Logan Avalanche Advisory

Forecaster: Toby Weed


Danger by aspect and elevation on slopes approaching 35° or steeper.
(click HERE for tomorrow's danger rating)

Danger Rose Tutorial

There is a Level 1 or Low danger, and avalanches are unlikely on the majority of steep slopes in the Logan Zone...However, you might still find pockets with a level 2 or Moderate danger on drifted upper elevation slopes in the backcountry. Heightened avalanche conditions may exist in some areas, and you could trigger wind slab avalanches on steep slopes with significant recent deposits of drifted snow. Evaluate the snow and terrain carefully, especially on upper elevation drifted slopes.

Expect the danger to rise over the weekend, with an assortment of weak layers near today's snow surface and developing snowfall in the forecast...


You'll find variable snow conditions in the backcountry today, with a few soft and shallow recrystallized stashes left in sheltered shady terrain... Sun-crusts and wind-jacked snow are widespread, and I've received reports of solid and glistening "blue" ice on the big east faces in the Wellsville Mountain Wilderness, where you will need crampons and axes if you want to venture. Mountain temperatures climbed overnight, and it's 30 degrees up at the Tony Grove Snotel at 8400'. The station reports 88 inches of total snow on the ground, containing 142% of normal water content for the date. The Campbell Scientific Logan Peak weather station at 9700' reports a balmy 19 degrees this morning and continuing sustained north-northwest winds averaging in the mid twenties.


We received reports of two people caught and carried by separate wind slab avalanches in the Central Wasatch Range yesterday... No recent avalanches have been reported in the Logan Area

Check our backcountry avalanche list.... HERE


      Over the next 24 hours.

After Tuesday's somewhat uncommon easterly wind event, winds shifted back around from the north and remained stiff and sustained. It's a good thing we didn't have much fresh snow to drift around, and I've only been able to find small drifts, scoured areas, and thin wind crusts. You could find recently built wind slabs in some areas. These will mostly be fairly shallow, but some could be stiff and wide enough to pose a threat.. Expect to find drifts in somewhat uncommon locations. They are easy to identify if you know what to look for; smooth or rounded areas, chalky looking, small grained or stiff snow, hollow sounding. Remember that cracking is a red flag for this type of activity. Watch for and avoid fresh wind drifts on steep slopes off the lee sides of ridges and sub-ridges and in the trees. Be wary of other places where the cold and sustained winds might have deposited the snow, like under cliff bands, around rock outcroppings, along gully walls, or in scoops or depressions.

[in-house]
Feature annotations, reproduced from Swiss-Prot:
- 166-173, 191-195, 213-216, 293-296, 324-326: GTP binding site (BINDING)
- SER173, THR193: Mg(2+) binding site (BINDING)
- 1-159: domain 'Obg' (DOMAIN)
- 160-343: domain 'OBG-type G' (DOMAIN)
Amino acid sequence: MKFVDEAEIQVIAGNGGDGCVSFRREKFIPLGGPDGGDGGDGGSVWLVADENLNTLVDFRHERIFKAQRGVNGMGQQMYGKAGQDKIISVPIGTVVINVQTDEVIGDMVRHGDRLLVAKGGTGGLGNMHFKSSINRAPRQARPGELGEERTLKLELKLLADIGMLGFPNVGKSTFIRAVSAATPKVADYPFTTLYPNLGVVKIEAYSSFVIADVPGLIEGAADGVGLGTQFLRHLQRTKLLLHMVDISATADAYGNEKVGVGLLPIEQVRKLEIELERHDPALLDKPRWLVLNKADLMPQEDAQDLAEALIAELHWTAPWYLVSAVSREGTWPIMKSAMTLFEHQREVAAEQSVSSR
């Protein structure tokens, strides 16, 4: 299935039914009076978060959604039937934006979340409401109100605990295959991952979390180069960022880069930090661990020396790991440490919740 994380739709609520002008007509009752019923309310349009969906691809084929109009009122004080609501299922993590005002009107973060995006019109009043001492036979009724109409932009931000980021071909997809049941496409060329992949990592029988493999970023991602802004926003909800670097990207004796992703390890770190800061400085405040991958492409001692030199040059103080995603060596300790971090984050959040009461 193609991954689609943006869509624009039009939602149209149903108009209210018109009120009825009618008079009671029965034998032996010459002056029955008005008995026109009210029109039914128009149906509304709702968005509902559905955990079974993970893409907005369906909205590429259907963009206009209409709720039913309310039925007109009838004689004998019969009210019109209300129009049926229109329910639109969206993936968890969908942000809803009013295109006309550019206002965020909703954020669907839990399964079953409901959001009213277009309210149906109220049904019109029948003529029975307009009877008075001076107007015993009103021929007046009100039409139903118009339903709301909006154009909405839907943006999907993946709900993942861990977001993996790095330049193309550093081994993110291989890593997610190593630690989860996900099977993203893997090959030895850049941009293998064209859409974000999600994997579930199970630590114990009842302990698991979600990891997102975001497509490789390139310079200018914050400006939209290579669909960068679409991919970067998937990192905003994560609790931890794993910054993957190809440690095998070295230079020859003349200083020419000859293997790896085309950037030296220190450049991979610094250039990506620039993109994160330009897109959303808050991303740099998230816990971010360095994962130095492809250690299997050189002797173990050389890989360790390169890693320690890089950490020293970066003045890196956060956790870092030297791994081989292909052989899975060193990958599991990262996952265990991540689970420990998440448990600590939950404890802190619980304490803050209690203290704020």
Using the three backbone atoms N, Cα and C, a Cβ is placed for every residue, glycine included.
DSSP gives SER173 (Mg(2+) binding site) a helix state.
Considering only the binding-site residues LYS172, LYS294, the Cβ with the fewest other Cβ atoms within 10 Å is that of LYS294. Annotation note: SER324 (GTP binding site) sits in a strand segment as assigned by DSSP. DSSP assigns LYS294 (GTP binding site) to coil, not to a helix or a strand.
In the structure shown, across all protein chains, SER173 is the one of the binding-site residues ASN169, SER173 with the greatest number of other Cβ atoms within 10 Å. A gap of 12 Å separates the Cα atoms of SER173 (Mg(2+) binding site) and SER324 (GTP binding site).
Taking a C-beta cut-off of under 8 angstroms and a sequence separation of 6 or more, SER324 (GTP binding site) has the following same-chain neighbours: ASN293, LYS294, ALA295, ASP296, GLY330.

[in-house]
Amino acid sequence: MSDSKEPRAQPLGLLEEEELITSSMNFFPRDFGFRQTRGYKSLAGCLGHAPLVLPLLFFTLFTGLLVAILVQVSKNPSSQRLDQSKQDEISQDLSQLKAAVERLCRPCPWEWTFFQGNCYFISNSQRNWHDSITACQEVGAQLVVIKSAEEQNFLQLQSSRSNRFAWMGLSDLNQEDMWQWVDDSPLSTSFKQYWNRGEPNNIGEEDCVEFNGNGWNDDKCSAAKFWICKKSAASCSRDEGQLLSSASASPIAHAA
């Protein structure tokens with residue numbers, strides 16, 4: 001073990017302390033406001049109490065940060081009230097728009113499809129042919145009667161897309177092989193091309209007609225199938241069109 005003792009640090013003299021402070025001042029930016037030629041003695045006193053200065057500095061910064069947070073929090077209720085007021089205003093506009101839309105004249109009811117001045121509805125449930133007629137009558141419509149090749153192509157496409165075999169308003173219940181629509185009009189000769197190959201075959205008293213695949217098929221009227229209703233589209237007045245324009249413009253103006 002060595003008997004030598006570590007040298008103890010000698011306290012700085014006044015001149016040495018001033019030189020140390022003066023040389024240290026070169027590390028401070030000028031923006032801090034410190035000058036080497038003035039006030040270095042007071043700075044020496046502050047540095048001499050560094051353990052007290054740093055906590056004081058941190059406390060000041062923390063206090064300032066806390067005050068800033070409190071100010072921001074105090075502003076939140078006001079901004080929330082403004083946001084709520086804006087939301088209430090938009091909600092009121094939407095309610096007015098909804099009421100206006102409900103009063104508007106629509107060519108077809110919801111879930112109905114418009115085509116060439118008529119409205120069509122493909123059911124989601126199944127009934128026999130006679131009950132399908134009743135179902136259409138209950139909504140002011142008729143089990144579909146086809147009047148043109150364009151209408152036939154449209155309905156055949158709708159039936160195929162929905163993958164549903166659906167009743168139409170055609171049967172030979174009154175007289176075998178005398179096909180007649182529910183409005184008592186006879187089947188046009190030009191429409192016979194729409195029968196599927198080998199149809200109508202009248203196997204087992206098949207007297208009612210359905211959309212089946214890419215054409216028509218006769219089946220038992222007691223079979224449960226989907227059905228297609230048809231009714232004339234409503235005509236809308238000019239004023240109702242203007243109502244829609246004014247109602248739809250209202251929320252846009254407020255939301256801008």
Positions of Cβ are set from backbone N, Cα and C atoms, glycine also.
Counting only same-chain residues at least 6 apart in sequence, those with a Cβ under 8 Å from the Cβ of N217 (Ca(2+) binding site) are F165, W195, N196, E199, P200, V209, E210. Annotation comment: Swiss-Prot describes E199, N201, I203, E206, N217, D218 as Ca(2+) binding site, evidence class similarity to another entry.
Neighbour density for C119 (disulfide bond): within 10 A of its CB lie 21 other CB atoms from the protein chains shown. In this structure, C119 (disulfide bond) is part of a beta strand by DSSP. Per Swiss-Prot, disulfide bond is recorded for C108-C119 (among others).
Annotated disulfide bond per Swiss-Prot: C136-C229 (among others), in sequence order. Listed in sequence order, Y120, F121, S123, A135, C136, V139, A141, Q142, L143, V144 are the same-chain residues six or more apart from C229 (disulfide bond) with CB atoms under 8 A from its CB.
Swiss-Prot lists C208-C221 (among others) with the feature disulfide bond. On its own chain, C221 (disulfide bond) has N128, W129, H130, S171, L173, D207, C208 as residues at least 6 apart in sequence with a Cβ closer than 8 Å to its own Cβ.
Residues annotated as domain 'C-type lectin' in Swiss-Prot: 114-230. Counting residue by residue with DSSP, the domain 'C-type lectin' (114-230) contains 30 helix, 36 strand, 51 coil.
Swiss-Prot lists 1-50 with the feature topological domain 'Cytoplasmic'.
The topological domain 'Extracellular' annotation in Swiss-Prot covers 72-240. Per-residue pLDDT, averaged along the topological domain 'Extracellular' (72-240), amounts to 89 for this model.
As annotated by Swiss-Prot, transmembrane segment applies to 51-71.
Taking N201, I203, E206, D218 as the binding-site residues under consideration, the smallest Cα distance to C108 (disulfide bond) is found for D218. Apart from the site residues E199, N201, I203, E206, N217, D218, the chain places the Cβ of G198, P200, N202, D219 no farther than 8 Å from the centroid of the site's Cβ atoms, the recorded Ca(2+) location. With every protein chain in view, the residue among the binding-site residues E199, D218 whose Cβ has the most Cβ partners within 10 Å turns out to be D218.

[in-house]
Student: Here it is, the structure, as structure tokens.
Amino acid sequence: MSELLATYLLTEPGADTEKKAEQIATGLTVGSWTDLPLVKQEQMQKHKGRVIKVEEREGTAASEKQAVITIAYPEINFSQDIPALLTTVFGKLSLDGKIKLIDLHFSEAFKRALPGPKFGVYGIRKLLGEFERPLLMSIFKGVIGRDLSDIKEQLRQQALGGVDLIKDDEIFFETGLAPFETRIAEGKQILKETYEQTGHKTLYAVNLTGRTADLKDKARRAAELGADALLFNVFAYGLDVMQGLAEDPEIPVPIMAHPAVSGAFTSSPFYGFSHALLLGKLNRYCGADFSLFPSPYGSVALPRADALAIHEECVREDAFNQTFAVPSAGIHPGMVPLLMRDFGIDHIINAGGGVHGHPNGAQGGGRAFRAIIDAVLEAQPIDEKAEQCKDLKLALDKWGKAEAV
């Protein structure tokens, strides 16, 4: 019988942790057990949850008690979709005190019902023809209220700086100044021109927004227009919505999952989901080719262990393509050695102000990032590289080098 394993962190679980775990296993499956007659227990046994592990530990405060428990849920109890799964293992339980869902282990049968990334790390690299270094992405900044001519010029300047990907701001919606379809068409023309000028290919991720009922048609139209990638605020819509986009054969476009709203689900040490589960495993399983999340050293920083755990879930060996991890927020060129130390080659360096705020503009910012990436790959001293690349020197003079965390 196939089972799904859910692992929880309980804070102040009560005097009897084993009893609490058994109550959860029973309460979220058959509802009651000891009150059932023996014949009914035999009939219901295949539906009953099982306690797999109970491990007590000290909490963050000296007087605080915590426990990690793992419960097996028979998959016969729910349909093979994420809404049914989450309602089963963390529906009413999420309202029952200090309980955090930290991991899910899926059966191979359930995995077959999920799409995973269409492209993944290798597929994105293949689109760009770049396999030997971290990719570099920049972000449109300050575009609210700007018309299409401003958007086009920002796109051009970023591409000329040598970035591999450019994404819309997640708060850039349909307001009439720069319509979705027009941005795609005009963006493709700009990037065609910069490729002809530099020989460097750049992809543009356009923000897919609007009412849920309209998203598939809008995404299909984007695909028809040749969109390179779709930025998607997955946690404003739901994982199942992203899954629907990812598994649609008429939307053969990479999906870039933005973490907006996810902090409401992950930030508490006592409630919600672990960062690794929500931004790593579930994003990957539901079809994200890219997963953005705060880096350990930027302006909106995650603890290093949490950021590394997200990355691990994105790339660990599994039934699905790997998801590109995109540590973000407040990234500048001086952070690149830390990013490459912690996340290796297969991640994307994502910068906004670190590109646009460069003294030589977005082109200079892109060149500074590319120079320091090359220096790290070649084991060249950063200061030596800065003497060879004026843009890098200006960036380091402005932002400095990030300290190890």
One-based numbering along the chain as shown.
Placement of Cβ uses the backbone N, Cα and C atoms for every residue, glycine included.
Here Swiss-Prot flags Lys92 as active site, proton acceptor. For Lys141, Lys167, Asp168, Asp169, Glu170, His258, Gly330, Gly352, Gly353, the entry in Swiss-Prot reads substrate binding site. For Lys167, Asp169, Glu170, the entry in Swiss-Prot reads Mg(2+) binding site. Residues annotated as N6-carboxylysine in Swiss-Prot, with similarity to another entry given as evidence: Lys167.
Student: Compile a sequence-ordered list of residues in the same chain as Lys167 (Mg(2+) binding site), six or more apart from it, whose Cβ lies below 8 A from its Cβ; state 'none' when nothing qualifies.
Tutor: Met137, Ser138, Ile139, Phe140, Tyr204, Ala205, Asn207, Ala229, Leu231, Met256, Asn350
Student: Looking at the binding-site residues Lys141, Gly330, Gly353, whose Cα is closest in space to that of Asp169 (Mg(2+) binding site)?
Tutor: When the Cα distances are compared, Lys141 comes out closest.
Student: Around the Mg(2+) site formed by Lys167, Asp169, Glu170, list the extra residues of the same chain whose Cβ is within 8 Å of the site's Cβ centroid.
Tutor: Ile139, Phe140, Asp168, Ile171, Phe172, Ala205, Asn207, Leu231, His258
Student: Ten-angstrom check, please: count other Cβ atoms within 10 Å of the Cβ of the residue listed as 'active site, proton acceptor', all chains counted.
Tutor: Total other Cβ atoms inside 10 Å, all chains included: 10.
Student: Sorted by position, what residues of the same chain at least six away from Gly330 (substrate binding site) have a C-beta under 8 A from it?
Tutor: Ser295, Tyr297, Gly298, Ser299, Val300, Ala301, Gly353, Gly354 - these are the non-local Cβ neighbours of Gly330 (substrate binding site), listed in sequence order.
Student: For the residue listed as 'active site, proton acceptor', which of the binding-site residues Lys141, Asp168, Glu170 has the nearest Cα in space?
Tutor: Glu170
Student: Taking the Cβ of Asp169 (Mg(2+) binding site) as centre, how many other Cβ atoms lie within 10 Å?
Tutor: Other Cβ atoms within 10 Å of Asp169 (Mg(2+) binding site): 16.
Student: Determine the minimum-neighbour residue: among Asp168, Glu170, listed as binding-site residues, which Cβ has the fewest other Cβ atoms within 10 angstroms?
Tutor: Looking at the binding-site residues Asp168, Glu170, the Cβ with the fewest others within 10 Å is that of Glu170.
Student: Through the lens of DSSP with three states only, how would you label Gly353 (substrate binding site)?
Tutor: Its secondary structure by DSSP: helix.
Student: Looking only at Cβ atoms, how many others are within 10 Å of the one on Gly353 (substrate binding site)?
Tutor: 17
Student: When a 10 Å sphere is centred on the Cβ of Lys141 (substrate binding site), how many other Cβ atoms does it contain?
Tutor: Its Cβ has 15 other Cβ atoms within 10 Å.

Clouds are rolling in this morning, and snow is in the forecast for the weekend and into next week. Most of the storm energy will pass to our north and east today, but we may see an inch or two of accumulation tonight and again tomorrow. It looks like more significant snowfall will begin late Sunday, lasting through Monday, with moisture lingering into mid-week. The gradual onset of snowfall should not lull us into complacency, and given the current snow conditions, expect the avalanche danger to increase significantly and perhaps rapidly as we head into next week....


You can view a photo summary of last year's avalanche activity in the Logan Area HERE

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I will update this advisory in the mornings on Mondays, Wednesdays, Fridays, and Saturdays, and on other days if backcountry avalanche conditions warrant...

You have the opportunity to participate in the creation of our own community avalanche advisory by submitting avalanche and snow observations. You can also call us at 801-524-5304 or Toby at 435-757-7578, or email by clicking HERE

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This advisory is from the U.S.D.A. Forest Service, which is solely responsible for its content. This advisory describes general avalanche conditions and local variations always occur.

This information does not apply to developed ski areas or highways where avalanche control is normally done.  This advisory is from the U.S.D.A. Forest Service, which is solely responsible for its content. This advisory describes general avalanche conditions and local variations always occur.

This advisory provided by the USDA Forest Service, in partnership with:

The Friends of the Utah Avalanche Center, Utah Division of State Parks and Recreation, Utah Division of Emergency Management, Salt Lake County, Salt Lake Unified Fire Authority and the friends of the La Sal Avalanche Center. See our Sponsors Page for a complete list.